US gas prices hovering below $3 per million Btu as of late may be just one factor preventing LNG from reaching North American import terminals. Competition for space on the US gas pipeline network is also expected to deter suppliers from sending cargoes to the US, particularly as gas supply mounts over the coming months in the US Gulf of Mexico region near Louisiana and Texas shale gas plays.
In response, pipeline companies are scrambling to build new infrastructure in the Gulf of Mexico region to accommodate gas production from emerging shale plays in the area. At least seven pipeline projects and expansions in proposal stages could eventually move gas from the shale basins along some of the same paths that regasified LNG from Gulf terminals usually take -- to the US Midwest, near cities such as Chicago and Detroit, or the US East Coast, where supplies can access Philadelphia, New York and Boston.
Most of the new pipeline proposals are targeting the Perryville hub in Louisiana, one route from which regasified LNG can travel to the Ohio Valley, the Northeast and into the Southeast in Florida and Georgia. "Ultimately, LNG is just another form of supply, and any LNG that enters the market has to compete for that same pipeline space. LNG will likely go to other markets because they will have a better price, but if you push LNG into a market that's capacity-constrained, you will put downward pressure on prices in the region," noted Justin Carlson, a gas analyst for Bentek Energy.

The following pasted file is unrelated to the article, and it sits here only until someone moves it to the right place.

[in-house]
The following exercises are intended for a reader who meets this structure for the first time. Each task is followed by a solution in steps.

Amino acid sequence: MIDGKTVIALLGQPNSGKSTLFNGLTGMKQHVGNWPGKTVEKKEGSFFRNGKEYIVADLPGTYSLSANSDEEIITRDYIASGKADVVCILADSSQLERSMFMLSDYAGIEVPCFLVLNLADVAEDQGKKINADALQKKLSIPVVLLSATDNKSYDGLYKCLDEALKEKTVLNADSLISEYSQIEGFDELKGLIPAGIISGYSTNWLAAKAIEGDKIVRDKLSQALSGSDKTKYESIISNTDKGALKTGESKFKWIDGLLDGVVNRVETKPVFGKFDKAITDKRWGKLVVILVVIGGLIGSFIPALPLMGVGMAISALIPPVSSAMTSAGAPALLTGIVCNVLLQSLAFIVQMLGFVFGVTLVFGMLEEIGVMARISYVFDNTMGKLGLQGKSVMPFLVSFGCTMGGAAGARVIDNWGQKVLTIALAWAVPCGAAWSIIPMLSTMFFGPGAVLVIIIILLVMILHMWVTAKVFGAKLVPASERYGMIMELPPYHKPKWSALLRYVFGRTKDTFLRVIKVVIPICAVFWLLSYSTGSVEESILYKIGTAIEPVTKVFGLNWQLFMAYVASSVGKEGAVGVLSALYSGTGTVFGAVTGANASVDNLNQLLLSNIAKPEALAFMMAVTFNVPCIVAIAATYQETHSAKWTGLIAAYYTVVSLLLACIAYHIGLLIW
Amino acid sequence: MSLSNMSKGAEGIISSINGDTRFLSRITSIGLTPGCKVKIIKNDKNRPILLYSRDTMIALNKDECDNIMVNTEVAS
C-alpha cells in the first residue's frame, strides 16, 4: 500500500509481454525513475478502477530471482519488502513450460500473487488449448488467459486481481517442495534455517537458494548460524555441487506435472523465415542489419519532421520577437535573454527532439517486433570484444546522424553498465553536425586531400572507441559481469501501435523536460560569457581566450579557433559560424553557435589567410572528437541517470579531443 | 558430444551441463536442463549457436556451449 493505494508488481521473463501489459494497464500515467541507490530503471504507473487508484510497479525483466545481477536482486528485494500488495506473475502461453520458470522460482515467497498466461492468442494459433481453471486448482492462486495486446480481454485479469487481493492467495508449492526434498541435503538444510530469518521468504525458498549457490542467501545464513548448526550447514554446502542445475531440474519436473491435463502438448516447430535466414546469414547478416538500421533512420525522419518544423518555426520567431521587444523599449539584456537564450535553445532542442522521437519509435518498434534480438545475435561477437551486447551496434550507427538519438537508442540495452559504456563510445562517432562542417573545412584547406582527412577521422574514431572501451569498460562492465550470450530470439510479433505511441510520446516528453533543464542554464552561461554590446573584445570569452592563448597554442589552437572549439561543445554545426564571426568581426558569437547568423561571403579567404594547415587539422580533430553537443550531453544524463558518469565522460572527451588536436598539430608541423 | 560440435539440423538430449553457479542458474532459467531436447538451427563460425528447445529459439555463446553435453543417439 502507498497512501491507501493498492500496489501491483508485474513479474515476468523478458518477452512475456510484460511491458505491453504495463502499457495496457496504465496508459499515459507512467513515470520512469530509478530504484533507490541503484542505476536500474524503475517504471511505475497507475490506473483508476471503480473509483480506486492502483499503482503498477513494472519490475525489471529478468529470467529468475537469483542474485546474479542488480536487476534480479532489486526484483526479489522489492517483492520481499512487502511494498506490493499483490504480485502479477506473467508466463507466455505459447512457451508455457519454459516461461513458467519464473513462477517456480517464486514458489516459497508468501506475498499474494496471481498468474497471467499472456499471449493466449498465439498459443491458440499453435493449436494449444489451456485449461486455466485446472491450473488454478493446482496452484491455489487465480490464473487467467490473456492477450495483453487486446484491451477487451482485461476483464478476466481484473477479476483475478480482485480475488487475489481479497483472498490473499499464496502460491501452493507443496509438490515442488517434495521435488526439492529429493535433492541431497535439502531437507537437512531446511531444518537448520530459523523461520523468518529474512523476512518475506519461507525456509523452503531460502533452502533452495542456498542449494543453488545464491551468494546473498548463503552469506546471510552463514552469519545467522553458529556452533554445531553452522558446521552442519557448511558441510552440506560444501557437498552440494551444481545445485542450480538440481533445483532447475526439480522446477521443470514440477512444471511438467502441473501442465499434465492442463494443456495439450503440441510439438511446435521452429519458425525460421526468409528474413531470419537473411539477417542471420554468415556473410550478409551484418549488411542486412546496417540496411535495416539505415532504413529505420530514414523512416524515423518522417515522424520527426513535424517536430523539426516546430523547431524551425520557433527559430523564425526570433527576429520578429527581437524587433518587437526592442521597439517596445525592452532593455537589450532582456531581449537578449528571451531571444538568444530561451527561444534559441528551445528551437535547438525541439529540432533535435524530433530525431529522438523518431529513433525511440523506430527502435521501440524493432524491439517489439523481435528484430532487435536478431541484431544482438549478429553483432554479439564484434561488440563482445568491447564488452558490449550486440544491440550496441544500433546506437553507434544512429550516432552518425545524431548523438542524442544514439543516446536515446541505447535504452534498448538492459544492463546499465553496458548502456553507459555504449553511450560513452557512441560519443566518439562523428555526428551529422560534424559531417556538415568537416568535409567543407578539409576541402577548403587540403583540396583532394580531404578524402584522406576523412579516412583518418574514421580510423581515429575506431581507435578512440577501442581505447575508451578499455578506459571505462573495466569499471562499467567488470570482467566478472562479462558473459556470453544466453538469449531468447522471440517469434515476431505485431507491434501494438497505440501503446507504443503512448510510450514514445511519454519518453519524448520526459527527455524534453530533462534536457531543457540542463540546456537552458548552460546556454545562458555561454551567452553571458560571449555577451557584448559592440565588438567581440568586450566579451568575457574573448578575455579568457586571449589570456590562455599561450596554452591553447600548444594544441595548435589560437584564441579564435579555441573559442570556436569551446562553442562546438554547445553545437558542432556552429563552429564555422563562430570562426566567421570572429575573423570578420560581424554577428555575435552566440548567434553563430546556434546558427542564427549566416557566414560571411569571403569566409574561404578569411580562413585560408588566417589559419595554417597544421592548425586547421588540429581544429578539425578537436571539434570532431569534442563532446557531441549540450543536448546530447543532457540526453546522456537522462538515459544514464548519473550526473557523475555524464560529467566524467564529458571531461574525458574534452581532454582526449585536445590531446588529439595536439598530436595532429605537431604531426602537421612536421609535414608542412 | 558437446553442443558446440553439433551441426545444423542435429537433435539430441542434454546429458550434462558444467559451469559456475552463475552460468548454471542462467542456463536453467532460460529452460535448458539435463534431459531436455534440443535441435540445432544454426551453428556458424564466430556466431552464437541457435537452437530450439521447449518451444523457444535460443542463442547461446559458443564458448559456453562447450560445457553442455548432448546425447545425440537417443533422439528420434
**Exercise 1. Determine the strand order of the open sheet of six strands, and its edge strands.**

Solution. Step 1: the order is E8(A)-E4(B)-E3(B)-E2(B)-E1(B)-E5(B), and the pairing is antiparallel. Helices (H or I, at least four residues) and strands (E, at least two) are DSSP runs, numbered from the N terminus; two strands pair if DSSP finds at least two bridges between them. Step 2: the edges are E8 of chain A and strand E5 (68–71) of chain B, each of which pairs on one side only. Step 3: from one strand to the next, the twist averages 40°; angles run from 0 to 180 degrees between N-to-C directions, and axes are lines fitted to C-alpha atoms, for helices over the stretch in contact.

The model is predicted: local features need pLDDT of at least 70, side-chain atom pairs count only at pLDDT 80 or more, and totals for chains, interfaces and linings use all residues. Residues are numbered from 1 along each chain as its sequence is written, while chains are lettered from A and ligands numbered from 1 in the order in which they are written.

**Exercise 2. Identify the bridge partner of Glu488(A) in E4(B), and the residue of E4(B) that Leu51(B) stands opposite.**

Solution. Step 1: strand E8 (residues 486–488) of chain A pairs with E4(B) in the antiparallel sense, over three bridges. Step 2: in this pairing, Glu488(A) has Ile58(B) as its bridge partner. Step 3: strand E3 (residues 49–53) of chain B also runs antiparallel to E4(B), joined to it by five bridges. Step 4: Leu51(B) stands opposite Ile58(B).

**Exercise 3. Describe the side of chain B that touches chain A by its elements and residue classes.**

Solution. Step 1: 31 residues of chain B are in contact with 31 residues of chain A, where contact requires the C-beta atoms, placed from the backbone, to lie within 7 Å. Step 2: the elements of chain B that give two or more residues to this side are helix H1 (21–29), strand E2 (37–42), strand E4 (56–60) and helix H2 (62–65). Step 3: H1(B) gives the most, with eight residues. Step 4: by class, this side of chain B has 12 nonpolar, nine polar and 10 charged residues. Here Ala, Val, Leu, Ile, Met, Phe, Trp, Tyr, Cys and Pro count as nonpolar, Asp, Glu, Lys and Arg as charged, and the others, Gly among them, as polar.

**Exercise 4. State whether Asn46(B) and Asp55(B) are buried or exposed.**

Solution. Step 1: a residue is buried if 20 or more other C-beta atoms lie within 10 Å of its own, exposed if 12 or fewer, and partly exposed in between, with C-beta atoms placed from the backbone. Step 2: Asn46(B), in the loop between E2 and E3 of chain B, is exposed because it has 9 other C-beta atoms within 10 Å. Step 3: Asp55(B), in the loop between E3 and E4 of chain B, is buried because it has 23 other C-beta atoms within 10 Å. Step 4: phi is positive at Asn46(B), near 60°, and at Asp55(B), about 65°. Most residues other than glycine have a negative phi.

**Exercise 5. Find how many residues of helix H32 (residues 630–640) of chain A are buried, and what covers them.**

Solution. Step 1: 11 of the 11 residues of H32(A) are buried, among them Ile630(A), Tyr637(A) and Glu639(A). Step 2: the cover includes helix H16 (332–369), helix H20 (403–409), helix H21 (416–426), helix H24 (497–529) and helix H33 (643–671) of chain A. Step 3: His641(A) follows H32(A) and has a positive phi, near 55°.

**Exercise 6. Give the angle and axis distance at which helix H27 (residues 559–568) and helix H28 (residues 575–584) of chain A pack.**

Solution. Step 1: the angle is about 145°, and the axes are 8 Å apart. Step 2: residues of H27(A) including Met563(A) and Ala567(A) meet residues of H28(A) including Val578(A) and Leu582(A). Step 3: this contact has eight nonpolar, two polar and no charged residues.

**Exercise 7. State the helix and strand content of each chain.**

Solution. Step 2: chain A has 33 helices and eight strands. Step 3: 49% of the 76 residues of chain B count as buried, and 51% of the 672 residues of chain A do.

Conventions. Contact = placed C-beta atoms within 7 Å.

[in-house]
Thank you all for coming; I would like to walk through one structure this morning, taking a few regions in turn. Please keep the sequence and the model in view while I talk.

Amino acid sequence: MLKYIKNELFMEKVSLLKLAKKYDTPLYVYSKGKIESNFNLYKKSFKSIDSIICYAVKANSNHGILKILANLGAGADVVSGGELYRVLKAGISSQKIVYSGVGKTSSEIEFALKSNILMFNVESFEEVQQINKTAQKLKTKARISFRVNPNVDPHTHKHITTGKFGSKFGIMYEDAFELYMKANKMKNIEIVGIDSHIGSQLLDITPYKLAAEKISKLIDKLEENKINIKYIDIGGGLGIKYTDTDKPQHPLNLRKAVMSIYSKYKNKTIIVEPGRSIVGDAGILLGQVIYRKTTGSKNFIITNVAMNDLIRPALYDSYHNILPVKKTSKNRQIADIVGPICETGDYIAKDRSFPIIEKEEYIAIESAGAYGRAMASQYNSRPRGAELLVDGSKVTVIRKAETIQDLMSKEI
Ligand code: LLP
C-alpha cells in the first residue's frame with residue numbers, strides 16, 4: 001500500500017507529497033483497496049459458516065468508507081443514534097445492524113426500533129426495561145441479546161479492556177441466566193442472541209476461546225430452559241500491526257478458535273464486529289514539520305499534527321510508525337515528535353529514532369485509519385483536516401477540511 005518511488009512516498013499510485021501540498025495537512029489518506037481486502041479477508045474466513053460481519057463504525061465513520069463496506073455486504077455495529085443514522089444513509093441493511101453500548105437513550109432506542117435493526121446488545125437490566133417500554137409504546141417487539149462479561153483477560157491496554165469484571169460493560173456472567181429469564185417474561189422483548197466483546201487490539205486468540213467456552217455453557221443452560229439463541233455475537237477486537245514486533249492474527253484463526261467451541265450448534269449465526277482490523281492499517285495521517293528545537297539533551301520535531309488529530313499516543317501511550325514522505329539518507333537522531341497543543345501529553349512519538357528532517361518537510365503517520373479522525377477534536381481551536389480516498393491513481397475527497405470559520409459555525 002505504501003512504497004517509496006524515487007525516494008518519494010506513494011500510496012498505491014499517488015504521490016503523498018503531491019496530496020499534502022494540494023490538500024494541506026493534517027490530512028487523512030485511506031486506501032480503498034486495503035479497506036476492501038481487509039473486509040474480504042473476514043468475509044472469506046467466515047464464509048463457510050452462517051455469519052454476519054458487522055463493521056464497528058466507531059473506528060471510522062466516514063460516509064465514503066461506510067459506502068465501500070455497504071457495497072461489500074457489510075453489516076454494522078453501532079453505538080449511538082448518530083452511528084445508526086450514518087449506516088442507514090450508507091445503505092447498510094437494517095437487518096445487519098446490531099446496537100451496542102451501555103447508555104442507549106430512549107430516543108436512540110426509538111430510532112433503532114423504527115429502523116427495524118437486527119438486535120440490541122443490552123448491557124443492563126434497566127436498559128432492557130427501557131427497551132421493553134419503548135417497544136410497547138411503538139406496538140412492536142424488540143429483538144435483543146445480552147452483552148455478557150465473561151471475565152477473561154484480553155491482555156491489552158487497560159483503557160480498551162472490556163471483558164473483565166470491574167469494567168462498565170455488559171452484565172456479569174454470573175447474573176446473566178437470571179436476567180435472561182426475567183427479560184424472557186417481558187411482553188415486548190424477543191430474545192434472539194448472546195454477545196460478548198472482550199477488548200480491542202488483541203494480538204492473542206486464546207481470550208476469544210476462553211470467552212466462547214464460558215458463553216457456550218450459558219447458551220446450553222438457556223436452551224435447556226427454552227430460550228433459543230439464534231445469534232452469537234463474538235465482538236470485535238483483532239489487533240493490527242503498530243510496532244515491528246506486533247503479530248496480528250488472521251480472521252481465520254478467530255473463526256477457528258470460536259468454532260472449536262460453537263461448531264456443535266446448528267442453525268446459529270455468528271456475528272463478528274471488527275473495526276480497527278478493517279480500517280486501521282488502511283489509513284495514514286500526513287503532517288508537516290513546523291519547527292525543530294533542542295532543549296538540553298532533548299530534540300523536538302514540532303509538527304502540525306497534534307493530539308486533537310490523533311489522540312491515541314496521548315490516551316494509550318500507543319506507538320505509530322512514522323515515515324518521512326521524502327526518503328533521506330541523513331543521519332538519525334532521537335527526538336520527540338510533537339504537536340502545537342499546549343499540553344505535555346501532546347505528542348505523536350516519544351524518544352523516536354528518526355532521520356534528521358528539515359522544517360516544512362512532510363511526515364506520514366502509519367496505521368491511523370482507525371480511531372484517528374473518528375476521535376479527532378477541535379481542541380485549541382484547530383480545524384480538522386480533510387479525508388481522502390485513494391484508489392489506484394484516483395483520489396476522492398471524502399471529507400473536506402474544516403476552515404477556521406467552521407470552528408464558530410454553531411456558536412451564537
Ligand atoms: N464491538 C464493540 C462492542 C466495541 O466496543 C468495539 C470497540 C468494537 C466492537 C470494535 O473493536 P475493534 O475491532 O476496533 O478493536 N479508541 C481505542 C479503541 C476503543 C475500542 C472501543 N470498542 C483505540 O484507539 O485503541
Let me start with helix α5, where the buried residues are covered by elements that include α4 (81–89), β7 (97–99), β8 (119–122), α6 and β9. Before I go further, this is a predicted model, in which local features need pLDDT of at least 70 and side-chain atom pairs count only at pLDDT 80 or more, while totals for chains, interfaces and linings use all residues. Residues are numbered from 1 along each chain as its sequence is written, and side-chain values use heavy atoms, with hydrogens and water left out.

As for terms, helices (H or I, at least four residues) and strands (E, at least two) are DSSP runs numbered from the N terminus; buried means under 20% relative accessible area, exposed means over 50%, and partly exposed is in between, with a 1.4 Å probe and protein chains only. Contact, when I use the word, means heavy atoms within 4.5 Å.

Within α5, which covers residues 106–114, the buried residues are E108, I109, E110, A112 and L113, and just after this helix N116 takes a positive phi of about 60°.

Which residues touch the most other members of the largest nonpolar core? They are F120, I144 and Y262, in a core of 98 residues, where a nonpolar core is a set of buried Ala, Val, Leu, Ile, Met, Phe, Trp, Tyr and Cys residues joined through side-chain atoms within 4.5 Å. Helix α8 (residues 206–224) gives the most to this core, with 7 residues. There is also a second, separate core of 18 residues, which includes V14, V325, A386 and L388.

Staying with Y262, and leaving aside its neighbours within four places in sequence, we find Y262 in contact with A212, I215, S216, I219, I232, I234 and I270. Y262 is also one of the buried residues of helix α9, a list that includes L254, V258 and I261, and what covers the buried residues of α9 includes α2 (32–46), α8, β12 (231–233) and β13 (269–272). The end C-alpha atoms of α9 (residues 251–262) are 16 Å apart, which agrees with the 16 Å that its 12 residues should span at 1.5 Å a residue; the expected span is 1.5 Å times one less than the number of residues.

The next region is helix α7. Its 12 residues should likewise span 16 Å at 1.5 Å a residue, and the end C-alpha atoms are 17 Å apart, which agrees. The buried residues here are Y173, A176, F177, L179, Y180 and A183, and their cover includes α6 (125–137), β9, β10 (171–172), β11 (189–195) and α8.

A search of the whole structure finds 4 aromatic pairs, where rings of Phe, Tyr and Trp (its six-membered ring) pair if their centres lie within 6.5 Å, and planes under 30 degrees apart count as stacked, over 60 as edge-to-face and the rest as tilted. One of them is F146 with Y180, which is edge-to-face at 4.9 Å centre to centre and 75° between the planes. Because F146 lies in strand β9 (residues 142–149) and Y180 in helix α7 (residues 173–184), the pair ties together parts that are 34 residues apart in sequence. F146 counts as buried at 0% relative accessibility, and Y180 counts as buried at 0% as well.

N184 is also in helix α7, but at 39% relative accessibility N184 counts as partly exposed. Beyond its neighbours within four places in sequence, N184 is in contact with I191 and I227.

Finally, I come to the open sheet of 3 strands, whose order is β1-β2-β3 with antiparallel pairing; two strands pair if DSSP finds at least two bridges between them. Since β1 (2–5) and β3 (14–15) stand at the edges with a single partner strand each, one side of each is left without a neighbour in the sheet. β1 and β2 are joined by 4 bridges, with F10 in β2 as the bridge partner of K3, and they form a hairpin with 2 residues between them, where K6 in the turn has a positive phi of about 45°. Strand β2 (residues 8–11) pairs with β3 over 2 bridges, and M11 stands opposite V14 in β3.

Bentek's Andrew Bradford says that early signs of pipeline congestion in the Gulf region already surfaced last year. Older, less efficient pipelines ended up transporting a lot of gas last winter as a result of production growth. "We saw Haynesville and Fayetteville shale production area data come in at all-time highs in the last few weeks. We think that will continue to see pipelines pretty full this winter," he added.
The seriousness of the pipeline capacity crunch in the US Gulf hinges on the pace of production and LNG import growth in coming years and on how quickly new pipeline infrastructure goes into service.
"If you look at the amount of pipelines they're proposing to expand, it's almost 9 Bcf/d of pipeline expansions. That's an awful lot of capacity moving gas out of the Haynesville area. There is a timing issue, and it all comes down to how fast Haynesville can grow," Carlson said.
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